Livy, History of Rome 27

LCL 367: 202-203

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Livy

Liber XXVII

a.u.c. 544I. Hic status rerum in Hispania erat. In Italia consul Marcellus Salapia per proditionem recepta 2Marmoreas et Meles de Samnitibus vi cepit. Ad tria milia militum ibi Hannibalis, quae praesidii causa relicta erant, oppressa: praeda—et aliquantum eius fuit—militi concessa. Tritici quoque ducenta quadraginta milia modium et centum 3decem milia hordei inventa. Ceterum nequaquam inde tantum gaudium fuit quanta clades intra paucos 4dies accepta est haud procul Herdonea urbe. Castra ibi Cn. Fulvius proconsul habebat spe recipiendae Herdoneae, quae post Cannensem cladem ab Romanis defecerat, nec loco satis tuto posita nec praesidiis 5firmata. Neglegentiam insitam ingenio ducis augebat spes ea, quod labare iis adversus Poenum fidem senserat, postquam Salapia amissa excessisse 6iis locis in Bruttios Hannibalem auditum est. Ea omnia ab Herdonea per occultos nuntios delata Hannibali simul curam sociae retinendae urbis et spem fecere incautum hostem adgrediendi. Exercitu

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Book XXVII

Book XXVII

I. Such was the state of affairs in Spain. In b.c. 210 Italy the consul Marcellus, having regained possession of Salapia by betrayal, took Marmoreae and Meles1 from the Samnites by force. About three thousand of Hannibal’s soldiers, who had been left as a garrison, were overpowered there. The booty—and there was much of it—was turned over to the soldiers. In addition two hundred and forty thousand pecks of wheat and a hundred and ten thousand pecks of barley were found. But the rejoicing in consequence by no means balanced the great loss suffered within a few days not far from the city of Herdonea.2 There Gnaeus Fulvius, the proconsul, was encamped, in the hope of regaining Herdonea, which had deserted the Romans after the disaster at Cannae; but his camp was pitched in a position neither quite safe nor strongly held. Carelessness, ingrained in the character of the general, was increased by that hope, inasmuch as he had learned that their loyalty was weakening and turning against the Carthaginian, ever since they had heard that, after the loss of Salapia, Hannibal had withdrawn from that region into the land of the Bruttii. The report of all this to Hannibal from Herdonea by secret messengers made him concerned to retain an allied city and at the same time gave him the hope of attacking the enemy unawares. With an army unencumbered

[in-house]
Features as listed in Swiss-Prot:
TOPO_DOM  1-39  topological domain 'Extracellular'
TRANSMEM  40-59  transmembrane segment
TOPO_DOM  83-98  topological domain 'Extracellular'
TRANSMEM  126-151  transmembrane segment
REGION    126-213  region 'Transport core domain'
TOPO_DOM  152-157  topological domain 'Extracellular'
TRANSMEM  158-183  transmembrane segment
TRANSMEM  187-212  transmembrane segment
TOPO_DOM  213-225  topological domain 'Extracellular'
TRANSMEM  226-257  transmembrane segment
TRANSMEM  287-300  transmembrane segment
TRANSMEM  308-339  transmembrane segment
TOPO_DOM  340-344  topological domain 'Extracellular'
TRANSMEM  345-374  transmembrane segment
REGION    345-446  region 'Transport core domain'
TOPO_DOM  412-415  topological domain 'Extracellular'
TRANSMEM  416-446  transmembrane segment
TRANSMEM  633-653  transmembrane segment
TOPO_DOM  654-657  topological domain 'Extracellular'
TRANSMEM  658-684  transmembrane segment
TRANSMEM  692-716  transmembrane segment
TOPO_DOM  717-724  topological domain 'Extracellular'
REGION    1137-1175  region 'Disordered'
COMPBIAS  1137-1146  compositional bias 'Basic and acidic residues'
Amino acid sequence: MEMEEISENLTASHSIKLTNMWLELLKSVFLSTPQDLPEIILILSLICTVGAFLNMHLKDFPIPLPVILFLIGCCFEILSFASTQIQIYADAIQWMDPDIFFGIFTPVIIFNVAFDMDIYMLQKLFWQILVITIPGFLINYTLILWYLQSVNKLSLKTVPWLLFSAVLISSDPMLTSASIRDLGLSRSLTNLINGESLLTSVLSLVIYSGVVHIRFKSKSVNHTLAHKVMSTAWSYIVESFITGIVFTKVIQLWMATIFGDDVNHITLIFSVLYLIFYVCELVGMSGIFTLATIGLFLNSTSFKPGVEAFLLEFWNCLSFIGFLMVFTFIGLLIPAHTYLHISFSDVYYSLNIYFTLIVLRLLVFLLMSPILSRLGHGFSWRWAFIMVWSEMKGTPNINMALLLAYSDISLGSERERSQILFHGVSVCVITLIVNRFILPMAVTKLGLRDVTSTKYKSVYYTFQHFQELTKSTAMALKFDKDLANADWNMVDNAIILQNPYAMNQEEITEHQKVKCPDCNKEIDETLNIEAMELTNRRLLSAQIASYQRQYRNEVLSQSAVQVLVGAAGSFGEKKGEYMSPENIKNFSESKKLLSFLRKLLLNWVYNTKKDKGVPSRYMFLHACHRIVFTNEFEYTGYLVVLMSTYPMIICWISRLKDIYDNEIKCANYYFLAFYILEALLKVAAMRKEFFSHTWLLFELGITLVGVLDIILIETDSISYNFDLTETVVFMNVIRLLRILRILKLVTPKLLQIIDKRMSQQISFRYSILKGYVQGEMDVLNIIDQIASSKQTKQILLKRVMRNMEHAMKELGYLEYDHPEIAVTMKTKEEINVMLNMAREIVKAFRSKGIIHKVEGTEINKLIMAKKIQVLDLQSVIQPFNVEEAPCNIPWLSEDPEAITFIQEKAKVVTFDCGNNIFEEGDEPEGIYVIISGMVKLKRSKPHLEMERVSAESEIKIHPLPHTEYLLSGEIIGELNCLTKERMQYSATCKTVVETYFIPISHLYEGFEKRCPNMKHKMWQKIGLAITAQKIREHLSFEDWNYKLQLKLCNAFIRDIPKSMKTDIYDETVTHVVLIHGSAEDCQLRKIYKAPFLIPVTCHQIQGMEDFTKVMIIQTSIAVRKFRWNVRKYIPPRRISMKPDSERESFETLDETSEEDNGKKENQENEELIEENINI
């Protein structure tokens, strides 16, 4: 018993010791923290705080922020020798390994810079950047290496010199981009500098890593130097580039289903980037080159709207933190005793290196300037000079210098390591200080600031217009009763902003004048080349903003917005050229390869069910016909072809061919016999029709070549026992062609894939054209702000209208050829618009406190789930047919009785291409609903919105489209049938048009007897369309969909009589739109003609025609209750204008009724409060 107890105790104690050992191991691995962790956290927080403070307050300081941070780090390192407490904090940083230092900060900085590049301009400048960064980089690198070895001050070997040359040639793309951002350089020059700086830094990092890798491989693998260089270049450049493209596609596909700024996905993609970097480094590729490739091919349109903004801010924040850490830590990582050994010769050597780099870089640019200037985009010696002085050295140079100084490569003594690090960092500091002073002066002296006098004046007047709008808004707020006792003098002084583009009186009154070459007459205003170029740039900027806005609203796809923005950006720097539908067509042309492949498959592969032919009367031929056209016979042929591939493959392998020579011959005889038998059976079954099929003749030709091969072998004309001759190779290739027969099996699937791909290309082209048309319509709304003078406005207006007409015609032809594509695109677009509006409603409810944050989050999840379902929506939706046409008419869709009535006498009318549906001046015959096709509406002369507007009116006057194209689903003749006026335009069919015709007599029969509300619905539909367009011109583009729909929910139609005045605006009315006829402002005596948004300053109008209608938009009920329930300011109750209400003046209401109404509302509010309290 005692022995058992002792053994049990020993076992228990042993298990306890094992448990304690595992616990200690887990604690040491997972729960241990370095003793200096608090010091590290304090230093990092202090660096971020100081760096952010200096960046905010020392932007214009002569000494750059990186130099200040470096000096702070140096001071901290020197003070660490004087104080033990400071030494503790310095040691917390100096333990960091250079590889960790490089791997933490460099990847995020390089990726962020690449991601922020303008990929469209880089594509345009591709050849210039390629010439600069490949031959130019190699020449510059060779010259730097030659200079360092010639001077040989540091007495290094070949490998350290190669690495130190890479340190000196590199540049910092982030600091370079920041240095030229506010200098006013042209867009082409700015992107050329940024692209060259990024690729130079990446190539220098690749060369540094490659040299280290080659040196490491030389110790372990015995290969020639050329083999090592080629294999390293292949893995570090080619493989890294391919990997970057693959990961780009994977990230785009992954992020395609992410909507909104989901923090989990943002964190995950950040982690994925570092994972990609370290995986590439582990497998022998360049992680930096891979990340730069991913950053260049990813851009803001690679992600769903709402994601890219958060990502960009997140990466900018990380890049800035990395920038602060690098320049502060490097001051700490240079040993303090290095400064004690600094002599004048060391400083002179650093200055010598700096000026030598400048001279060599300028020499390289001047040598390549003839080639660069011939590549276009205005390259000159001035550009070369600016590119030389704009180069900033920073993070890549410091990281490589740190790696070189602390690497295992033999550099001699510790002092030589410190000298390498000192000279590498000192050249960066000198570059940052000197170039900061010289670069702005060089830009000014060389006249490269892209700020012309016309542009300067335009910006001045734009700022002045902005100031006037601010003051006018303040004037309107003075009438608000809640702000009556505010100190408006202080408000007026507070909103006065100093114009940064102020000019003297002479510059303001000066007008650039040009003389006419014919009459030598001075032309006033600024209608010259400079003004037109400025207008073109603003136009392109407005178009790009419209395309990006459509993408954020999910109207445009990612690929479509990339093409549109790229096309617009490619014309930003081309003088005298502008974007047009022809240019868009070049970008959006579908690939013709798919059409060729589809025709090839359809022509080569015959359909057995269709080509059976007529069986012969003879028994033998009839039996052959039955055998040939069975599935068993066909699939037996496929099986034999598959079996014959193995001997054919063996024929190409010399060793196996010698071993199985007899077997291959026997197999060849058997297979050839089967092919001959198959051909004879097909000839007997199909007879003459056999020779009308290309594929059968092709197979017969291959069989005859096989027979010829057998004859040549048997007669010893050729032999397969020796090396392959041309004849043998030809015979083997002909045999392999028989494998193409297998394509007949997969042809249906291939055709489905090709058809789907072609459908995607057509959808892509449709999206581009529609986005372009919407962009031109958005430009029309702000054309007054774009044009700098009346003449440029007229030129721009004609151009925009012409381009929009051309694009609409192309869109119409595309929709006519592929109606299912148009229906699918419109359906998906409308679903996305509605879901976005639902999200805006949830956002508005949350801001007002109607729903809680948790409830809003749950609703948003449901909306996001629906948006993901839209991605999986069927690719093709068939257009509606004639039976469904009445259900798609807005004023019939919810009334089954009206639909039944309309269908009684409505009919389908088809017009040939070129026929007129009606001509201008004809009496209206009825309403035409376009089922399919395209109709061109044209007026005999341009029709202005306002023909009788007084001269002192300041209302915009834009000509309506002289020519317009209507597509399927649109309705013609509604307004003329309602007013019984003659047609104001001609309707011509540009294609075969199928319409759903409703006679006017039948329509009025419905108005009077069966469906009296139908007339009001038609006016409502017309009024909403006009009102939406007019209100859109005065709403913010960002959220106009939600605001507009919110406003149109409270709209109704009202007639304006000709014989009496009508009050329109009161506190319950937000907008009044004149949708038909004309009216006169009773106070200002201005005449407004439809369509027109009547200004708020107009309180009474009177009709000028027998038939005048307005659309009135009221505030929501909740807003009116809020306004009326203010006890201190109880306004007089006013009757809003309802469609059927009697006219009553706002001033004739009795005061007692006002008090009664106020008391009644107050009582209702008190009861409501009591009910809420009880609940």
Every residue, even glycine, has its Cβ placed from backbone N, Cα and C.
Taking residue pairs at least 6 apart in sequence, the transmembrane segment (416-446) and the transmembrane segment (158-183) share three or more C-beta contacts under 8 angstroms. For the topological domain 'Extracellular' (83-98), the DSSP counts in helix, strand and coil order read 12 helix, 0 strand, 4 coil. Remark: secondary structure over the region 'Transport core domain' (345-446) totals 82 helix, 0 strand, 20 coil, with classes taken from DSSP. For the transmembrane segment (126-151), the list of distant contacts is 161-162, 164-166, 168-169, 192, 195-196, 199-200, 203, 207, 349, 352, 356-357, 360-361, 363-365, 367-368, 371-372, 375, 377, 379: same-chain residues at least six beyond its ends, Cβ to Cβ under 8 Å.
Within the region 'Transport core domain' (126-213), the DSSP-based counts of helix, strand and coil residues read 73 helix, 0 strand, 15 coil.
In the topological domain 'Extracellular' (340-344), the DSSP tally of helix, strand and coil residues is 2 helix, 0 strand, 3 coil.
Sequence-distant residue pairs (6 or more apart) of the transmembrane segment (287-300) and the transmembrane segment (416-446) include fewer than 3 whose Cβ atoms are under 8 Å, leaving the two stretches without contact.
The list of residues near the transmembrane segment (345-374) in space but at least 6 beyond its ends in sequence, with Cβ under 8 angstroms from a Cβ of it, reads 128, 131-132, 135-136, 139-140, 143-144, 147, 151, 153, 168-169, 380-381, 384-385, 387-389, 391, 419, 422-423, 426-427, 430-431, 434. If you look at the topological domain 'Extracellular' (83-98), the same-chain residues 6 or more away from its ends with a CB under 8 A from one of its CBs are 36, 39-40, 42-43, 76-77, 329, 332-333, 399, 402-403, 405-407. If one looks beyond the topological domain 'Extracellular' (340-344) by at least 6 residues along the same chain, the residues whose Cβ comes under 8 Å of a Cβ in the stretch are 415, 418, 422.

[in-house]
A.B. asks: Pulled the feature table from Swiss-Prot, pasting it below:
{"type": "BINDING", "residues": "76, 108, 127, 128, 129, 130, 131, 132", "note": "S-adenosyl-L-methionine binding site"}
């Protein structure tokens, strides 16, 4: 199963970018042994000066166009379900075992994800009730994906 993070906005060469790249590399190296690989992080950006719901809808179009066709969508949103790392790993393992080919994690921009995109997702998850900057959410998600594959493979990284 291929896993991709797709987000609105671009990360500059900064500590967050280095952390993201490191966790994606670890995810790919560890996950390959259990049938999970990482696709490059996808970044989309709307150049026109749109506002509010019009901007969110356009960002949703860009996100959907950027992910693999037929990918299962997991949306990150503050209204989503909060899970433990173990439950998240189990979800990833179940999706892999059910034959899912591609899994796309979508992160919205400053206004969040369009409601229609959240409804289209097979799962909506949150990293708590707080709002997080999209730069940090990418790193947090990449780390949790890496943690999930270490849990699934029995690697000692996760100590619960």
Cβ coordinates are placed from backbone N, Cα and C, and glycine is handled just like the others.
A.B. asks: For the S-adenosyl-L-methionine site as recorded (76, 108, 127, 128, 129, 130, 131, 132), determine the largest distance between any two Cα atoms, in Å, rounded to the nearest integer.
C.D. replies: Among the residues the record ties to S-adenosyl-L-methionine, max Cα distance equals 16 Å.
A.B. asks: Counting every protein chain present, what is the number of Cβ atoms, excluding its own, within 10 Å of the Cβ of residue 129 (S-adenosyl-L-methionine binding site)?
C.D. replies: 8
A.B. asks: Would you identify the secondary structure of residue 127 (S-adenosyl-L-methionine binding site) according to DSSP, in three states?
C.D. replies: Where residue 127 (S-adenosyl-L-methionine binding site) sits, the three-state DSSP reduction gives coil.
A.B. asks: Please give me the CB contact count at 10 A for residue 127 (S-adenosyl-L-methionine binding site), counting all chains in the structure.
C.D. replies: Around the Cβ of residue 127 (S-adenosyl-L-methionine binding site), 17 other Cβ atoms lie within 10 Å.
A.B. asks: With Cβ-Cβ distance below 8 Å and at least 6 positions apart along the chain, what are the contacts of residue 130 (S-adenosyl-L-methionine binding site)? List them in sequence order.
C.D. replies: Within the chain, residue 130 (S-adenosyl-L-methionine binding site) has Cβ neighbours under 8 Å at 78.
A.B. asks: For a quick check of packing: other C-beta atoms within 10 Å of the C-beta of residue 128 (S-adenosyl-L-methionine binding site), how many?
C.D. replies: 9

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DOI: 10.4159/DLCL.livy-history_rome_27.1943